This was my first encounter with Bill Bryson, and while I found him entertaining, a beautiful writer, and an astute observer, some readers will be put off my his sharp satiric wit. It is certain that he will offend somebody. A friend of mine, who also read the book, was very much upset by the fact that Bryson and Katz didn’t hike all 2,200 miles of the Trail, and that somehow their “failure” should prevent the telling of the story. This is utter nonsense and just throws more manure onto the present dung heap that has accumulated from the participants involved in peak bagging, wilderness races, and experiential therapy groups.
    Bryson and Katz at least tried to hike the entire AT, and they returned from their hike as changed men who learned many lessons about the wilderness and friendship. Towards the end of the book, the two men are talking about the hike. When Katz remarks that “we did it,” Bryson reminds him that they didn’t even see Mount Katahdin, much less climb it. Katz says, “Another mountain. How many do you need to see, Bryson?” I agree with Katz (and ultimately Bryson). They hiked the Appalachian Trail.
    Help other customers find the most helpful reviews 

    Was this review helpful to you? Yes
    No

  2. 222 of 243 people found the following review helpful
    3.0 out of 5 stars
    Interesting history of the trail, second half less compelling than the first., September 23, 2006
    By 
    frumiousb (Amsterdam, the Netherlands) –
    (VINE VOICE)
      

    As both a Bill Bryson fan and a long distance hiker myself (although I have not done the Appalachian Trail yet) I really expected to love A Walk in the Woods. I was a little bit concerned, since when my partner handed it to me (he finished the book first) he said, “I don’t think you’re going to like it…” But still, I was really looking forward to reading it.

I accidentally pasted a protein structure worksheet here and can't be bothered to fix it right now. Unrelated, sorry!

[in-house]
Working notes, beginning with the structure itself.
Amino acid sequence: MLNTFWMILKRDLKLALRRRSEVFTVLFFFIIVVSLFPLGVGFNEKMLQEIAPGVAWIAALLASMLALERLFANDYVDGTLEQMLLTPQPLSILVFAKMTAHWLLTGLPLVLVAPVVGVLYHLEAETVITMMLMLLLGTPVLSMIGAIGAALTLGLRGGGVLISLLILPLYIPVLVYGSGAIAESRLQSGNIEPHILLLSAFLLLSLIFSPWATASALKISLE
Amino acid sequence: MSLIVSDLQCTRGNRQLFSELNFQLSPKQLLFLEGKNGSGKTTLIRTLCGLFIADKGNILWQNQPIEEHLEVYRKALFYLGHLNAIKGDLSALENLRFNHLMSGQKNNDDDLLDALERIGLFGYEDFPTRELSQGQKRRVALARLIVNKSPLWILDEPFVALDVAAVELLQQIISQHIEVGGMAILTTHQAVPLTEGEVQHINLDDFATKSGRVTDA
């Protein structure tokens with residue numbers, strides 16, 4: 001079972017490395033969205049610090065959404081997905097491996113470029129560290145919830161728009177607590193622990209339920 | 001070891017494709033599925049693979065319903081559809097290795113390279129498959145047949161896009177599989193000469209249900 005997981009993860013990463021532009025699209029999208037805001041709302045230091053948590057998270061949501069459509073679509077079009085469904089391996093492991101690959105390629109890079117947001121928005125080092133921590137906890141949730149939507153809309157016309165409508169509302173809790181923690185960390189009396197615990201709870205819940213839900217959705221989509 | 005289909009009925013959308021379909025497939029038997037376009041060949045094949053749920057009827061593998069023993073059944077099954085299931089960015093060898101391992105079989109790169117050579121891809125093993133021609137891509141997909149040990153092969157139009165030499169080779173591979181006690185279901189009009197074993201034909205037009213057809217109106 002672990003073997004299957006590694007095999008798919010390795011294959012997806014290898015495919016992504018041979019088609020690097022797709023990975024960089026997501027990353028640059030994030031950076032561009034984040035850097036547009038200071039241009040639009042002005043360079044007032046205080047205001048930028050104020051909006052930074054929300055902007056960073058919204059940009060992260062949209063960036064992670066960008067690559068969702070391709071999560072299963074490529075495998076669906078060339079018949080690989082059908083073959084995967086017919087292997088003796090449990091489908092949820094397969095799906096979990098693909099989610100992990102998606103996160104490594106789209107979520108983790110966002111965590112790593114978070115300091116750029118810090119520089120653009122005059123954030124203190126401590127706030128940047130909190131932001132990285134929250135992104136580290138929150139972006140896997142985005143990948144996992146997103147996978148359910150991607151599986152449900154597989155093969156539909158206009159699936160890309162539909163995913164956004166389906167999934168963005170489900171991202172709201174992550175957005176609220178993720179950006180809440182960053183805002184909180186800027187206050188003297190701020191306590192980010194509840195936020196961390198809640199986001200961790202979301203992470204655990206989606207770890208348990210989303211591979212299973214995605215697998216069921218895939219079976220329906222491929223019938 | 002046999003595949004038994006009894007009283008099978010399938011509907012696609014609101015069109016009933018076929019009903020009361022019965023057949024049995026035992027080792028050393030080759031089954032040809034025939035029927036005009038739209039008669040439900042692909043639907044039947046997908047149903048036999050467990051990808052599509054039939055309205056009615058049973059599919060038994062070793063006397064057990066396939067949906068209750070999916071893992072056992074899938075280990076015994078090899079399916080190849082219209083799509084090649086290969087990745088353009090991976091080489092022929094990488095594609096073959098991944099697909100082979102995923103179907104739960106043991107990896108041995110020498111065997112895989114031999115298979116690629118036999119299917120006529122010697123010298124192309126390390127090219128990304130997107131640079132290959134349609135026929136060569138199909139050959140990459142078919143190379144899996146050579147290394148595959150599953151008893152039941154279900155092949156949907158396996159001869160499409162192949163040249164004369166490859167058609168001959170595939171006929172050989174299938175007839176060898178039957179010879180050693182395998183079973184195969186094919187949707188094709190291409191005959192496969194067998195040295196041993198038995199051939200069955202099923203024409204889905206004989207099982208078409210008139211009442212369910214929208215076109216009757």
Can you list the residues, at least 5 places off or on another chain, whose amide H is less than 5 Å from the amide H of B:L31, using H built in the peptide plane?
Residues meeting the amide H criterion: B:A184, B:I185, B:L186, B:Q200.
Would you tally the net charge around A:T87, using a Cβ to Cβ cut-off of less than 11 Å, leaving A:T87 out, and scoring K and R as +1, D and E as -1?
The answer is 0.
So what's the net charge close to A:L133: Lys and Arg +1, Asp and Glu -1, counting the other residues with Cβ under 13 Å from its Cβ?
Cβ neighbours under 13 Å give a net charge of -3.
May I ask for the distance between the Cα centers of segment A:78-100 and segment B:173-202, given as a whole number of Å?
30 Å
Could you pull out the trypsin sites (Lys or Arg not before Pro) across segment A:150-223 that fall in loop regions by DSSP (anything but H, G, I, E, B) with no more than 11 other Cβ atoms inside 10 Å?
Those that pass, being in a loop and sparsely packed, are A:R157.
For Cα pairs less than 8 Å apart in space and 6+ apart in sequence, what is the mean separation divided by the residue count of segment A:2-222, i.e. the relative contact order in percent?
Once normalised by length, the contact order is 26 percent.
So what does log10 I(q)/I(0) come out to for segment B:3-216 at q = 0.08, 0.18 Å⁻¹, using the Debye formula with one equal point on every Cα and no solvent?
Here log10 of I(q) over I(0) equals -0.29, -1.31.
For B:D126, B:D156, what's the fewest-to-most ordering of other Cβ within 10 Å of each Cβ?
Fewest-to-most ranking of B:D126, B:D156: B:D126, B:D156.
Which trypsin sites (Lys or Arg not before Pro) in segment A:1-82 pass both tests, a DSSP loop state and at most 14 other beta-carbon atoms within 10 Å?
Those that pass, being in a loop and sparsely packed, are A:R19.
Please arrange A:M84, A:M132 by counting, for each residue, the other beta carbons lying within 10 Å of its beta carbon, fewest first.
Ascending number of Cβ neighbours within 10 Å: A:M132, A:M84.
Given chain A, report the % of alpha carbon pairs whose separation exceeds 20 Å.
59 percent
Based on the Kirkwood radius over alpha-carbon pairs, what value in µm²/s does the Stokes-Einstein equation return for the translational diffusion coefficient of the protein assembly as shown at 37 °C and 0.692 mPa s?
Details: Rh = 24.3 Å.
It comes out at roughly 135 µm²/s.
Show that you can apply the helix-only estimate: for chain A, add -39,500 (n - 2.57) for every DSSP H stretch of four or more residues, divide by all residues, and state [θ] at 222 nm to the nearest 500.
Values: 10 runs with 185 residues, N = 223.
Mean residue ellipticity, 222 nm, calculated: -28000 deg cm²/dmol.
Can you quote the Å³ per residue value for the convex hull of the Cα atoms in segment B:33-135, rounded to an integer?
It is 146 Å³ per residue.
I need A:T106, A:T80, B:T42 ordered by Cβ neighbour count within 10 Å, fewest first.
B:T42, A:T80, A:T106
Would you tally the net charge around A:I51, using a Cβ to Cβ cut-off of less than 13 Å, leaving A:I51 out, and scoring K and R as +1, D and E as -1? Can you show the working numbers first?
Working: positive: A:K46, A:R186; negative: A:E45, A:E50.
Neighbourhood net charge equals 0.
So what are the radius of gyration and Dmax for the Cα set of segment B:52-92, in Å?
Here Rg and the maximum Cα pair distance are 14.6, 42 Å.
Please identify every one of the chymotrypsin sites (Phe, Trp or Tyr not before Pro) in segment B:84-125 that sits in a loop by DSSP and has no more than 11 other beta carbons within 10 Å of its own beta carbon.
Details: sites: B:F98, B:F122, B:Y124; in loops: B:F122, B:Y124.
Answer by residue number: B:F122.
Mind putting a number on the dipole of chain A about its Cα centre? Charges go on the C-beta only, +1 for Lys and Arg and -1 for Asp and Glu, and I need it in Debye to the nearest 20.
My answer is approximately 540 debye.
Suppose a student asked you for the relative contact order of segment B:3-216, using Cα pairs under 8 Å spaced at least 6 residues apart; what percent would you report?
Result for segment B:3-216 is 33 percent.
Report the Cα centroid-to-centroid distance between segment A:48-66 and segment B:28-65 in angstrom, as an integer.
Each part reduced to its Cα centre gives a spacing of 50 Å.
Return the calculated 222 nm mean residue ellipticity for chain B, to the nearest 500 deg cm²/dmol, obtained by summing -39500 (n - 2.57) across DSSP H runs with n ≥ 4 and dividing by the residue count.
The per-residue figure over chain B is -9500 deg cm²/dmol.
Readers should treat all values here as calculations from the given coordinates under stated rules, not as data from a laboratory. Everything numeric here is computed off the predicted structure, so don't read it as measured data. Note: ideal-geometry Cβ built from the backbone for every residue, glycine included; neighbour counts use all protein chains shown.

For the first half of the book, I also really did enjoy the book. I wasn’t bothered by the fact that they were unprepared or out of shape. Nobody is really prepared for their first long distance hiking trip until they are a few weeks into the trail. I remember my own experience of staggering along under my overly ambitious pack. I also enjoyed that he talked honestly about the experience of hiking, and I liked the way that he interspersed history and facts about the trail with the travel writing.

    The second half, however, got much less interesting. The day trips and the abortive Maine portion were actually kind of disheartening. The whole feel of the prose got sort of mean spirited. He didn’t have to walk the whole trail to feel like he walked it, but I honestly would have preferred to see him expand the first half and leave the second half out completely.

    There is still quite a bit of good stuff in here, particularly if you are interested in the southern part of the trail. There is also quite a bit of truth about the culture of the long distance hikers. I laughed quite a bit while I read. I guess that the complaints boiled down to not quite being as good as it could have been.